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Here's why you should care about the Italian referendum

Italians will vote on major referendum Sunday night. There's a lot at stake. Here's why you should care.

This is a referendum on political and economic change. The Italian political system is a mess and one of the main reasons the economy is weak. It's a mess because there is a fatal flaw at the heart of the system. After the disaster of World War II and the Italian experience under the Mussolini dictatorship, the Italian Constitution came into force in 1948.

The objective was to make it very difficult for any one party to control the government. Good in theory, but they went so far in the other direction that nothing can get done.

That's because there are two houses — a lower house (a Chamber of Deputies) and an upper house (a Senate of the Republic). They have the same purpose and are elected at the same time for the same five-year terms. The government must have the support of both houses to survive. All legislation must be passed by both houses. If there are any changes in a bill in one house, it must be approved in the other.

The upshot: because the prime minister is in an inherently weak position, the government is inherently unstable and nothing gets done. And I mean nothing: 61 governments since World War II.

Think about that. Sixty one governments in 70 years.

Here's the good news: Matteo Renzi became prime minister in February 2014 specifically on a platform of change. He pushed through bills that would make the Italian system more responsive and make it easier for a party to govern. He is now submitting those changes to the Italian people in the form of a referendum this Sunday.

The changes would:

1) Greatly weaken the power of the Senate. Italy would effectively become a single-house system, where only the lower house (the Chamber of Deputies) would ratify a government and approve most legislation. The Senate would have much more restricted powers and no right of a veto.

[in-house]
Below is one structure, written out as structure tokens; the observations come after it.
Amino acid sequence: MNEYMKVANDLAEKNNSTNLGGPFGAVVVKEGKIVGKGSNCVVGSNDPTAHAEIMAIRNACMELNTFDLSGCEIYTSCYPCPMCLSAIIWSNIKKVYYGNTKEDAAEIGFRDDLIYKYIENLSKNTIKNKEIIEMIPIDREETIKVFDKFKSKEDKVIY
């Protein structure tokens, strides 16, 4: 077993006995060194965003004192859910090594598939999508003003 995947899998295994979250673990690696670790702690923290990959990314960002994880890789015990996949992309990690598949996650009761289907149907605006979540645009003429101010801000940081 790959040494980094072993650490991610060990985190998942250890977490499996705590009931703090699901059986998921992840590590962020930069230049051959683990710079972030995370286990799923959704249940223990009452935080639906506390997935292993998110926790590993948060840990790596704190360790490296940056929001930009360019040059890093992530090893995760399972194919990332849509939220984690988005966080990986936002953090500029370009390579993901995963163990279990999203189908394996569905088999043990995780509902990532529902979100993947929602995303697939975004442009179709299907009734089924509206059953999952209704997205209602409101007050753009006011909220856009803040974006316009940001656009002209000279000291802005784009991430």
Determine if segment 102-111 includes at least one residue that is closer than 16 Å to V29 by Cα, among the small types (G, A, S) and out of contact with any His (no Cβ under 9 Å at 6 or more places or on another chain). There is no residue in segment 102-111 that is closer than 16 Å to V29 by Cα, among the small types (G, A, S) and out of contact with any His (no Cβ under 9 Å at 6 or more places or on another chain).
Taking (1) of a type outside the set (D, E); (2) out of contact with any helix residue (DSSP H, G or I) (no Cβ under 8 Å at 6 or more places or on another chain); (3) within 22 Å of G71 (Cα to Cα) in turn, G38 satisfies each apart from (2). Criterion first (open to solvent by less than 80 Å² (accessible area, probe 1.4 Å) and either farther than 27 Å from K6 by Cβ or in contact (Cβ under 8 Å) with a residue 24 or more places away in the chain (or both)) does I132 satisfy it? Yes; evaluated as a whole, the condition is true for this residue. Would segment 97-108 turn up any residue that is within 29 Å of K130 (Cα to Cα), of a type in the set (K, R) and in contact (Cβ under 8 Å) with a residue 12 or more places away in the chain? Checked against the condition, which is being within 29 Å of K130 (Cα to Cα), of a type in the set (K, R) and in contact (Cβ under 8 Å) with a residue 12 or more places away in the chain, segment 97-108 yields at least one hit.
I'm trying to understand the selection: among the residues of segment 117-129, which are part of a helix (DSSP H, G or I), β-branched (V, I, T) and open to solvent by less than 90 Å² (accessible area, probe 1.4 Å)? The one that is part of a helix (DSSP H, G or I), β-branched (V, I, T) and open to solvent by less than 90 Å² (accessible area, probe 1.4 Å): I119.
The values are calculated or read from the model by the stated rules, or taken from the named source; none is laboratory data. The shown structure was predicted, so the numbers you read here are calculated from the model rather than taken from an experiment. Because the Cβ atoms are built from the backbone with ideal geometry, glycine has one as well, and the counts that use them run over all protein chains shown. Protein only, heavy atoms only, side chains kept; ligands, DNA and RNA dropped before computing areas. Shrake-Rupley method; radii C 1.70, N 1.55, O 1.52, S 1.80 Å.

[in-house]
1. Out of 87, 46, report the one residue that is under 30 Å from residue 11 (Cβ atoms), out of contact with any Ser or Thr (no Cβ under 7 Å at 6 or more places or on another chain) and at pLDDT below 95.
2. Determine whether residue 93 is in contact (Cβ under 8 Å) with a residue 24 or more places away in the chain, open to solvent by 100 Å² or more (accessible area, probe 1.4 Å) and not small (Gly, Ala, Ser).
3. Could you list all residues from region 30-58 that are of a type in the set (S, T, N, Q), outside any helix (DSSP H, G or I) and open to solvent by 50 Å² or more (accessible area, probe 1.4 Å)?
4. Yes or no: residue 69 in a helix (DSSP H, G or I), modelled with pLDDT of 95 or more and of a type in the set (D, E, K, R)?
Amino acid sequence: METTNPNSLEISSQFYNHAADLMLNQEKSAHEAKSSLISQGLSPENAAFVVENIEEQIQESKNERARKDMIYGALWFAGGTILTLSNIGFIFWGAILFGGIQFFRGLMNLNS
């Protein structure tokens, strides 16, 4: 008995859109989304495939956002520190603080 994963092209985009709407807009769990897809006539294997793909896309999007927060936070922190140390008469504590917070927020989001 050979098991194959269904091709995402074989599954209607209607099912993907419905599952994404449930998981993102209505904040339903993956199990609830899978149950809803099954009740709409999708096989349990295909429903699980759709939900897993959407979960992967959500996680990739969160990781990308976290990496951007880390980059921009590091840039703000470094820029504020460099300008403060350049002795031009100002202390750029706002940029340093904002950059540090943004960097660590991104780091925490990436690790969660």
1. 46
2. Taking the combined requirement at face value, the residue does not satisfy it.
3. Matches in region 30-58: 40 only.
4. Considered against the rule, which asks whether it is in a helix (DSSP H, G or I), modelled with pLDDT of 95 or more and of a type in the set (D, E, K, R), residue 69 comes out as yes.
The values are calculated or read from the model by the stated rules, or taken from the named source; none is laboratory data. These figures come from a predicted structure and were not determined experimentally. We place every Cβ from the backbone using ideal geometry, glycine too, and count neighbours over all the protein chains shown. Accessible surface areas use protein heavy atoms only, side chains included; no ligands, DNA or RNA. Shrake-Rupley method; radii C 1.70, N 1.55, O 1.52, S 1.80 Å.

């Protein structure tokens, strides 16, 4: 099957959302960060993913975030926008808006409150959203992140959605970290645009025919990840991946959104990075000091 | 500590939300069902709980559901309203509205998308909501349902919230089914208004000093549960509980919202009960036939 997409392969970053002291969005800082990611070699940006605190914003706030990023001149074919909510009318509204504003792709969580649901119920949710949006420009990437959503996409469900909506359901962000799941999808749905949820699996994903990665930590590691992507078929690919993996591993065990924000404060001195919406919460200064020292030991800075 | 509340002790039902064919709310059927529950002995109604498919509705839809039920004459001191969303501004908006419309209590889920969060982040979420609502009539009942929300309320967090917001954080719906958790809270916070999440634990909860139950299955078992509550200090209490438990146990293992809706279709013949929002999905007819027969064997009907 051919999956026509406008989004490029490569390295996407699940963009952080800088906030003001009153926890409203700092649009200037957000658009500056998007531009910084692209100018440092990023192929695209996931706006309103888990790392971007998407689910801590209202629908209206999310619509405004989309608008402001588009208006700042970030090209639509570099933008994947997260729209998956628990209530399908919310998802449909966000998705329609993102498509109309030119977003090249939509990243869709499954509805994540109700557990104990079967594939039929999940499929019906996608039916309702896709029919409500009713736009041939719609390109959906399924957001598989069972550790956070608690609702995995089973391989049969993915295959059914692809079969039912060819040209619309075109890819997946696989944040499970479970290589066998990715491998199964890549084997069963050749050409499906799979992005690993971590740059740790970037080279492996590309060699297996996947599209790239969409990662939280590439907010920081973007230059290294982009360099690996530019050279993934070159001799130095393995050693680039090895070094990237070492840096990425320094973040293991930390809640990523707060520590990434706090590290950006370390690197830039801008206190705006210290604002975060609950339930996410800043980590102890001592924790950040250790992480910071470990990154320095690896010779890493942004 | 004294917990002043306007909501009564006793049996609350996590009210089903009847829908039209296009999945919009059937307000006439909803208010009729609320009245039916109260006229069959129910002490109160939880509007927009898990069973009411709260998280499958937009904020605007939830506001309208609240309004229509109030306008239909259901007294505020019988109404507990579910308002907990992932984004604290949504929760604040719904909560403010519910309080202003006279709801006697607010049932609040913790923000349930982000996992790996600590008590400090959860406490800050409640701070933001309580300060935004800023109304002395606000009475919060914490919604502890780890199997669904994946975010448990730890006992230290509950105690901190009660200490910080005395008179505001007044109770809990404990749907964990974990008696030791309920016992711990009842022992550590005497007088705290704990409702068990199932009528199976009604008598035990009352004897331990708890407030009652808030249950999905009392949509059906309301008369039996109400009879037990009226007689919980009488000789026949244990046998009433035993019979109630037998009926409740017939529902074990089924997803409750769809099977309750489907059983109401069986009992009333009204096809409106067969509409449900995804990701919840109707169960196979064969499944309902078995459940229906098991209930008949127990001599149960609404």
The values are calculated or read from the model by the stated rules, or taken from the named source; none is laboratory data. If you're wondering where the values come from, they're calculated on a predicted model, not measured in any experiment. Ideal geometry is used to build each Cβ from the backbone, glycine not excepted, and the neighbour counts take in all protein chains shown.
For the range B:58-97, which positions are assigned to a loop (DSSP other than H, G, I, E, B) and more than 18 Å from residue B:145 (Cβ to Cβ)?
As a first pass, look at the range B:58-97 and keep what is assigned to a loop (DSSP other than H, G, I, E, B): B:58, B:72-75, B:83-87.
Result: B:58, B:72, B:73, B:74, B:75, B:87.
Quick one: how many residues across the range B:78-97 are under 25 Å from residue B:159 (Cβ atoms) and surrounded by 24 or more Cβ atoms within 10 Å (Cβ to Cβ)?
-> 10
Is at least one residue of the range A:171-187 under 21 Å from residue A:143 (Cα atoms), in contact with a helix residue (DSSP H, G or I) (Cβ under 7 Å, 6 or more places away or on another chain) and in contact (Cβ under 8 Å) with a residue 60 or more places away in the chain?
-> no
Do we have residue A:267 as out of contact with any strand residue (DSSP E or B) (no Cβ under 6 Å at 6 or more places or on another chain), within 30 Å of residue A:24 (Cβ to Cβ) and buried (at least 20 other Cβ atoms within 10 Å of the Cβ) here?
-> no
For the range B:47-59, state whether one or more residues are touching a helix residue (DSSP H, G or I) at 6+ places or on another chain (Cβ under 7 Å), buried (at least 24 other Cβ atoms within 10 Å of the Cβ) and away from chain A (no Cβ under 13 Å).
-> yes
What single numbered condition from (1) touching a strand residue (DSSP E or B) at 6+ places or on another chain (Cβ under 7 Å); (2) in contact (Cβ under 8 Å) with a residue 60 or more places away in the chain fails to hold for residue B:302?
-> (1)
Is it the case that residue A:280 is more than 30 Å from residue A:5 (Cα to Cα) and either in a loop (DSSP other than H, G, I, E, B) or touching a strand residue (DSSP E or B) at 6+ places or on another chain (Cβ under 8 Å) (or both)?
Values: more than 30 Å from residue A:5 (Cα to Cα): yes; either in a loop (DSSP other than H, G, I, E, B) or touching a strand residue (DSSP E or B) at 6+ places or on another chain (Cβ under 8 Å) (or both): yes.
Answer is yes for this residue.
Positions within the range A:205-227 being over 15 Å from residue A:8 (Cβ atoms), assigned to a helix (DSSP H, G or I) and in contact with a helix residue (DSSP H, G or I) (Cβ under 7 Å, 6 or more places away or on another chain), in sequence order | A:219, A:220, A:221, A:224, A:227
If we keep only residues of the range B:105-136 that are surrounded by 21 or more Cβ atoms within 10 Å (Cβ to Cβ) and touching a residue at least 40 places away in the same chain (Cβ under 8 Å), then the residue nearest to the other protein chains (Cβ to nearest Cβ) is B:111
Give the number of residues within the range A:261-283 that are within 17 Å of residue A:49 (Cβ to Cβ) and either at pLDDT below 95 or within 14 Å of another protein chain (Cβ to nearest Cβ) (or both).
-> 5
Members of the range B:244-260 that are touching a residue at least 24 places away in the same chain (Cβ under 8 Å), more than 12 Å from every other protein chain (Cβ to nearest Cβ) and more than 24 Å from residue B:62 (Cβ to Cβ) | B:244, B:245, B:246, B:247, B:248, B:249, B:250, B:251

2) Make it easier to govern by reforming the lower house. Any party that wins 40 percent of the votes in either the first or second round of voting will get a "bonus" of 15 percent additional votes, bringing the controlling votes to 55 percent. This will make it much easier to pass legislation. These changes have already been approved but are being challenged in court.

Here's the bad news: Renzi made a mistake by implying he might resign if the electorate did not pass the referendum. The referendum has enemies because many of the existing political parties think — correctly — that they would lose power if the referendum passed. The opposition has launched a campaign to portray Renzi as an autocratic leader, and implied that if the referendum is passed some future Mussolini will seize control of the government with disastrous consequences.

Here's how topsy-turvy the world has become: Renzi was elected as an anti-establishment reformer two years ago, but he is now seen as representing the "establishment."

This turnaround has important implications for the referendum. This is the year of voting against anyone seen to be the establishment. More importantly, it could broadly be deemed "the year of No."

In the U.K. with Brexit. In the U.S. with Trump. In Colombia with the peace agreement with the FARC guerrillas. And now, possibly, with the Italian referendum.

Except that with the Italian referendum, voting "Yes" is a vote against the establishment, voting "No" is a vote in favor of the status quo.

Right now, the poll odds indicate that voters will vote "No" on the referendum.

Strange, no?

What happens with a "No" vote? Regardless of whether Renzi resigns, it would certainly make it more difficult for him to govern. His ability to pass any further reforms would certainly be in doubt. More political instability. More caretaker governments. More paralysis. More young people leaving the country because it's impossible to open even an espresso stand due to red tape and absurdly high taxes. More tax evasion. Less growth. Weaker markets.

There's also speculation that the Eurosceptic Five Star Movement would take control of the government in some future election.

Many Italians simply shrug and insist they will muddle through. But the country is slowly fading away.

I'm not joking: no one is having kids because it's too expensive to raise them. The Italian birth rate is below 1.4 babies per household. For most countries, you need roughly 2.1 babies per household to have a stable population.

Italy, like Japan, has a choice: find some way to push the economy into a higher gear or start liberalizing its immigration laws in a big way.

Voting for the status quo is not the way to do that.


  • Bob Pisani

    A CNBC reporter since 1990, Bob Pisani covers Wall Street from the floor of the New York Stock Exchange.

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